Kuosheng Nuclear Power Plant

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Kuosheng Nuclear Power Plant
TaiwanNPP2 01.JPG
Kuosheng Nuclear Power Plant is located in Taiwan
Kuosheng Nuclear Power Plant
Location of Kuosheng Nuclear Power Plant
Official name 國聖核能發電廠
Country Republic of China
Location Wanli, New Taipei
Coordinates 25°12′10″N 121°39′45″E / 25.20278°N 121.66250°E / 25.20278; 121.66250Coordinates: 25°12′10″N 121°39′45″E / 25.20278°N 121.66250°E / 25.20278; 121.66250
Status Operational
Commission date December 1981 (Unit 1)
March 1983 (Unit 2)
Decommission date 2021 (Unit 1) - Planned
2023 (Unit 2) - Planned[1]
Owner(s) Taipower
Operator(s) Taipower[2]
Nuclear power station
Reactor type BWR-6
Power generation
Units operational 2 x 985 MW
Nameplate capacity 2 x 985 MWe[3]

The Kuosheng Nuclear Power Plant or Guosheng Nuclear Power Plant (國聖核能發電廠 or 核二) is a nuclear power plant in Wanli, New Taipei, Taiwan. The plant is currently the largest nuclear power plant in Taiwan, before the opening of the 2,700 MW Longmen Nuclear Power Plant which is still under construction.

Generation[edit]

The power plant can generate 16 billion kWh of electricity per year.[4]

Events[edit]

July 1993[edit]

A mound of backbone twisted fishes keep on being found in the sea around Kuosheng Nuclear Power Plant.

October 2010[edit]

On 7 October 2010, the Unit 1 of the plant was shutdown for refueling starting at 12:49 a.m. and was synchronized back to the system on 31 October at 12:14 p.m., setting a record breaking among all existing nuclear power plants in Taiwan for the shortest overhaul duration of 24.48 days.[5]

17 May 2011[edit]

On 17 May 2011, Taiwan held its very first compounded nuclear disaster drill at Kuosheng Nuclear Power Plant organized by Taipower and New Taipei City Fire Department witnessed by President Ma Ying-jeou. The training scenario is based on Fukushima Daiichi nuclear disaster on 11 March 2011. A statement made by Taipower in the worst-case scenario of a total power failure of the plant, they would make life saving as the top priority by abandoning the plant and injecting seawater to prevent the meltdown of the nuclear core.[6]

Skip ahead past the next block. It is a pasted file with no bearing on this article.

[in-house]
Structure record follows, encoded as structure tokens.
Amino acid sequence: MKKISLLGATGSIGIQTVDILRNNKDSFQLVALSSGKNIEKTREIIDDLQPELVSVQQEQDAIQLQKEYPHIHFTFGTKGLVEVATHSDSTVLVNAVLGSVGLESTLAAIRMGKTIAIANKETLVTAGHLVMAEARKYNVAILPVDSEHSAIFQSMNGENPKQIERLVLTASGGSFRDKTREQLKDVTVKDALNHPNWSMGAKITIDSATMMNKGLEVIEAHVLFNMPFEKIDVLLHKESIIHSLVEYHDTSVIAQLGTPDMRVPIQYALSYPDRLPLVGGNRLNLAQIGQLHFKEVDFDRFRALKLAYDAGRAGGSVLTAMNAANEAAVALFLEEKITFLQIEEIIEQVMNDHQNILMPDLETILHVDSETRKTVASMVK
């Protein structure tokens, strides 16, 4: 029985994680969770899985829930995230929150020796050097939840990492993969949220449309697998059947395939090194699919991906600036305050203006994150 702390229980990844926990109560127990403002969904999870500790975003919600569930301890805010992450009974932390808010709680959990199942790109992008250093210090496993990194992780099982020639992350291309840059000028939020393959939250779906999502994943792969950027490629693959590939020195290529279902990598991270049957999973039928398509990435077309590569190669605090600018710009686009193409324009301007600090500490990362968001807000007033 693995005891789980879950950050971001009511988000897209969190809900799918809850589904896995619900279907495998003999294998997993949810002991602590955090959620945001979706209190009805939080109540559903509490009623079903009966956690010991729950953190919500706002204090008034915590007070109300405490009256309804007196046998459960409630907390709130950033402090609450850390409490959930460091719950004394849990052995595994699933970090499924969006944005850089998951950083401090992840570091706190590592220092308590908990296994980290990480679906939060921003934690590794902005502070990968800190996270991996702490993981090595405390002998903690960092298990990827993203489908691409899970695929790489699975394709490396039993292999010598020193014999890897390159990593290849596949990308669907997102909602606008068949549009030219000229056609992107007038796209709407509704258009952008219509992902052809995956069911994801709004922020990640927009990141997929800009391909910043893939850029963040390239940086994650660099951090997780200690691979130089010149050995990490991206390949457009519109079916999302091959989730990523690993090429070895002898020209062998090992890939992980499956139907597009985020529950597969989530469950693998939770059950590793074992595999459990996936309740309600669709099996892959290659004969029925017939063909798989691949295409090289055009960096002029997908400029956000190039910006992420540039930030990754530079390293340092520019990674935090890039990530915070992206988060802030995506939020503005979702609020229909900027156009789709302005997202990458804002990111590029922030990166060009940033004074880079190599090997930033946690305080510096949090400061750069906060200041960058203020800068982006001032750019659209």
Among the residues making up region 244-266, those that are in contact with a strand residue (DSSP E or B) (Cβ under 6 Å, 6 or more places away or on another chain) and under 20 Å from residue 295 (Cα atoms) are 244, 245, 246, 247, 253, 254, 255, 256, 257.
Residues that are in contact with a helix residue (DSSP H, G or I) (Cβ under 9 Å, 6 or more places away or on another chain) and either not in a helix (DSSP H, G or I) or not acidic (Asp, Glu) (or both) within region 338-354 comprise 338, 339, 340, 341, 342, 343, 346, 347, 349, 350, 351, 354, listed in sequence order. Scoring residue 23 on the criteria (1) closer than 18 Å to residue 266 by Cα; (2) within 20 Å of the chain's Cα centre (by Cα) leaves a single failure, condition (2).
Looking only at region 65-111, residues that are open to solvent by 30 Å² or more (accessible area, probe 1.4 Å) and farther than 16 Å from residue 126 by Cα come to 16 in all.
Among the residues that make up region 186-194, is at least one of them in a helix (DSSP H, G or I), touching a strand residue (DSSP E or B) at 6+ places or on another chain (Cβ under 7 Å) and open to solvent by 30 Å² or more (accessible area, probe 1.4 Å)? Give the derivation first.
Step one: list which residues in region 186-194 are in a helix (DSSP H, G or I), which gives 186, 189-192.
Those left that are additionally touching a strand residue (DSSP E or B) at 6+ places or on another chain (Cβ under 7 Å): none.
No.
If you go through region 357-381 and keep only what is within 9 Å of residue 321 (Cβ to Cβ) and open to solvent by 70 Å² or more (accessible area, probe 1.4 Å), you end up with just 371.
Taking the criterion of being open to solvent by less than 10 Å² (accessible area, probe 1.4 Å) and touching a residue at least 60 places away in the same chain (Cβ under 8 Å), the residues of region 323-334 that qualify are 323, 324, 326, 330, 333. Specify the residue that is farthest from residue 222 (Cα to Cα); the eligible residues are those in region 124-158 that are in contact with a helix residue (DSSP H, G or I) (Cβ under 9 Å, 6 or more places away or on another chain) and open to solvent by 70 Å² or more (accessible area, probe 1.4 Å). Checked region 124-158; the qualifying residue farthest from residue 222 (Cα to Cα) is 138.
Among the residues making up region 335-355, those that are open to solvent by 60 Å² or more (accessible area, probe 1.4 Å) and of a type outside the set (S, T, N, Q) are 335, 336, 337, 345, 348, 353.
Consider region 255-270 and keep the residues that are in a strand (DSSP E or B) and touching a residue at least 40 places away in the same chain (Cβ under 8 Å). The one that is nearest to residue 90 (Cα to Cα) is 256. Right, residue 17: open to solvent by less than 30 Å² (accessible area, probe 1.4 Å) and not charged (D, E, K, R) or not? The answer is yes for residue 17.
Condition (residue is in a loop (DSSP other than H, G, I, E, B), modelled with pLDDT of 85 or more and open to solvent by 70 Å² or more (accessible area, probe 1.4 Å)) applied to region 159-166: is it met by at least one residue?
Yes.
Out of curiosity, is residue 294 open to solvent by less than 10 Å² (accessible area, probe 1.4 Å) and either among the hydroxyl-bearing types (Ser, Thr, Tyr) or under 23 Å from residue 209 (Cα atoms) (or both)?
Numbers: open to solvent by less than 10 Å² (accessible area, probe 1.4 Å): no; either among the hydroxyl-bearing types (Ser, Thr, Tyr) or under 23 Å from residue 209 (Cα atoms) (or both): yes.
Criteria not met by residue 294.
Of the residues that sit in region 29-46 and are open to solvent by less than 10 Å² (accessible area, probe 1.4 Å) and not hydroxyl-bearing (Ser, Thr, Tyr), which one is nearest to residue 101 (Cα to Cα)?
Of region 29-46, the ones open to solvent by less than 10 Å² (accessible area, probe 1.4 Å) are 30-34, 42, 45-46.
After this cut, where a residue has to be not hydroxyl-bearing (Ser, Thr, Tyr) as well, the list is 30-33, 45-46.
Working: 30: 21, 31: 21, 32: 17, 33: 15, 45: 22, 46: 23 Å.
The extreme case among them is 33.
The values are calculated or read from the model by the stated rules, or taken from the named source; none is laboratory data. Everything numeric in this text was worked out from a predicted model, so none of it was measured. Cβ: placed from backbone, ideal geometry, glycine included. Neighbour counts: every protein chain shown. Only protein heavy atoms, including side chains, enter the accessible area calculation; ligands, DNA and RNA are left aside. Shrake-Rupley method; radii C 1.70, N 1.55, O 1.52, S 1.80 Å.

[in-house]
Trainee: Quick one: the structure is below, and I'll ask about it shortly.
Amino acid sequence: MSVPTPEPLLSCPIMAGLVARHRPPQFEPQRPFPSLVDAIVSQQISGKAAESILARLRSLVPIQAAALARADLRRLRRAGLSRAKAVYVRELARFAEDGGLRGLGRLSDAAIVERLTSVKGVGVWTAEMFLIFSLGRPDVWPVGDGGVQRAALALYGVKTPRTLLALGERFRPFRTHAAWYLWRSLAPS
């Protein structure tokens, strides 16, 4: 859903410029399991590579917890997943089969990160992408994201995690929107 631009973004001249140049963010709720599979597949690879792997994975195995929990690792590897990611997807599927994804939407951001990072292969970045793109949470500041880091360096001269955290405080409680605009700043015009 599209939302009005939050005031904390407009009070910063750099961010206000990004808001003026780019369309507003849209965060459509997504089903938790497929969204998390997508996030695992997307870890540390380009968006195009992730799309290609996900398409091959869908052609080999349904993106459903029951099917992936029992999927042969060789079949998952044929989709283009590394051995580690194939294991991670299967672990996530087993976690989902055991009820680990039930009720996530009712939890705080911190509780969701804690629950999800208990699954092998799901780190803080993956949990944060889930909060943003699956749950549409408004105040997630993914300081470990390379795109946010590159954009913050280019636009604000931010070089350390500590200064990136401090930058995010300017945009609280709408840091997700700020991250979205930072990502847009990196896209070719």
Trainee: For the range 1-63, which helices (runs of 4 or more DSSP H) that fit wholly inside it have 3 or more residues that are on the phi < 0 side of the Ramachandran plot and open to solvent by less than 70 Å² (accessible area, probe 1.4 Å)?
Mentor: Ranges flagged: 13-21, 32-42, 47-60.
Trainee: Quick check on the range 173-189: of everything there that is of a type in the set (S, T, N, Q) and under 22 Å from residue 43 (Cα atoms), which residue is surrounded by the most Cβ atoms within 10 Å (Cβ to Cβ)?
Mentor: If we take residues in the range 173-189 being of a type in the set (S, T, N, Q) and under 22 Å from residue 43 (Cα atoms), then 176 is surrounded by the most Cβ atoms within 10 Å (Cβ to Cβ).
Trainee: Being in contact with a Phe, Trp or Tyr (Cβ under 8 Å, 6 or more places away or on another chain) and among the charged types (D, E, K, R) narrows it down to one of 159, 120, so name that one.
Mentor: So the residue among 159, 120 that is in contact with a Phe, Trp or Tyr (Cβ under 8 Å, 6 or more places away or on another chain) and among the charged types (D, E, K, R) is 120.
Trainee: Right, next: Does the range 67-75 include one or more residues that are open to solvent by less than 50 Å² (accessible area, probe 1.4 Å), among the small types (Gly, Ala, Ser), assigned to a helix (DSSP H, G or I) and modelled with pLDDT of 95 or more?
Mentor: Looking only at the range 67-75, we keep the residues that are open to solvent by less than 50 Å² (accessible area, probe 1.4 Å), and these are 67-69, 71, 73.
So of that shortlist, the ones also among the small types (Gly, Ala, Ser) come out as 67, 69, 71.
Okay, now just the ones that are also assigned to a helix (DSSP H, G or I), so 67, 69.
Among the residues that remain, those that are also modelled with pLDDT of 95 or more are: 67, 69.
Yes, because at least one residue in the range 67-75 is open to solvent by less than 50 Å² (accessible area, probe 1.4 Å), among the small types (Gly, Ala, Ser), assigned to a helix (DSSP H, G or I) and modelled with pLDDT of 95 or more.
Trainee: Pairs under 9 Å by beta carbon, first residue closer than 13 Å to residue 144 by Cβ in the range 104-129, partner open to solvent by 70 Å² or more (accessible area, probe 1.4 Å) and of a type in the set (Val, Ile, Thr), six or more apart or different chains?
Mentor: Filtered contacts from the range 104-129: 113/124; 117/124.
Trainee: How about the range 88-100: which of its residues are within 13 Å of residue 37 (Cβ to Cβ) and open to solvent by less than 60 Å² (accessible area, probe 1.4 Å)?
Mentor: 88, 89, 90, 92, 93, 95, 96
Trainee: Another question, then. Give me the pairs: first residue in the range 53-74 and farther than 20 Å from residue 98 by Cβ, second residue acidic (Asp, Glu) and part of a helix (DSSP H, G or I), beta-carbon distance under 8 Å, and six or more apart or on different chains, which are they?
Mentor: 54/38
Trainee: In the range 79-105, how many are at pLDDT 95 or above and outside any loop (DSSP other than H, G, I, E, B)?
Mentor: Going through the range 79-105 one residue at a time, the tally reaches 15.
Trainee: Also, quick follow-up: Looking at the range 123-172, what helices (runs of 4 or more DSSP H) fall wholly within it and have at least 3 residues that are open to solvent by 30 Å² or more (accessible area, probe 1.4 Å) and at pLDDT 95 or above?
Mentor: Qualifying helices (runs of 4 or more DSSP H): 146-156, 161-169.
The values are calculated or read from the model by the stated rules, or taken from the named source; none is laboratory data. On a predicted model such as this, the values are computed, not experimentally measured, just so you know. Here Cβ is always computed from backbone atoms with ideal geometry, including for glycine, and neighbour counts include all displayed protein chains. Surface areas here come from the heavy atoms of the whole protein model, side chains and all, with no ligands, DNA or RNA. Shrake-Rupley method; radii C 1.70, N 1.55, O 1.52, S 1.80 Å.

16 March 2012[edit]

During a routine maintenance of the power plant on 16 March 2012, the plant maintenance workers discovered problems on the seven anchor bolts used to secure the bottom of the nuclear reactor to the steel-reinforced concrete substrate that holds the weight of the reactor. One bolt was broken, two were fractured and four were cracked. Taipower said that they would consult other related agencies to analyze and fix the problem and add vibration monitoring sensor near the supporting base of the reactor for continuous monitoring.[7]

21 June 2013[edit]

The first nuclear reactor of the plant automatically shut down on Friday, 21 June 2013. The event was triggered by protective device activated by the grounding signal of the generator. The signal was occurred due to the blade of the air damper became loose and felt into busbar between the generator and main transformer. The incident did not damage the reactor and there was no release of radioactivity. Mitigation actions taken by Taipower were done by resecuring the blade and replacing the related components. The power plant was back online on Sunday, 23 June 2013.[8][9]

Awards[edit]

On 3 November 2010, the 360 Degrees Work Platform over Reactor project of the plant was awarded gold medal as the Best Operation and Maintenance Project during the 6th 2010 Asia Power Awards in Singapore, organized by Asia Power magazine.[10]

See also[edit]

References[edit]

  1. ^ "Taiwan Nuclear Power". World-nuclear.org. Retrieved 2014-05-01. 
  2. ^ "Kuosheng Nuclear Power Plant Taiwan - GEO". Globalenergyobservatory.org. 2010-02-15. Retrieved 2014-05-01. 
  3. ^ "Kuosheng NPP". Nuctrans.org. Retrieved 2014-05-01. 
  4. ^ "Taipower mulls extending use of three nuclear plants". Taipei Times. 2014-04-24. Retrieved 2014-05-01. 
  5. ^ "Taiwan power company-Taipower Events". Taipower.com.tw. Retrieved 2014-06-03. 
  6. ^ "Taiwan holds nuclear safety drill". Taipei Times. 2014-04-24. Retrieved 2014-05-01. 
  7. ^ "Taipower facing more questioning after damaged reactor anchor bolts revealed at Guosheng Nuclear Power Plant". Enformable. 2014-03-04. Retrieved 2014-05-01. 
  8. ^ "No safety problems after shutdown at plant: Taipower". Taipei Times. 2014-04-24. Retrieved 2014-05-01. 
  9. ^ "Nuclear reactor operating after brief shutdown". The China Post. 2013-06-24. Retrieved 2014-05-01. 
  10. ^ "Taiwan power company-Taipower Events". Taipower.com.tw. Retrieved 2014-06-03.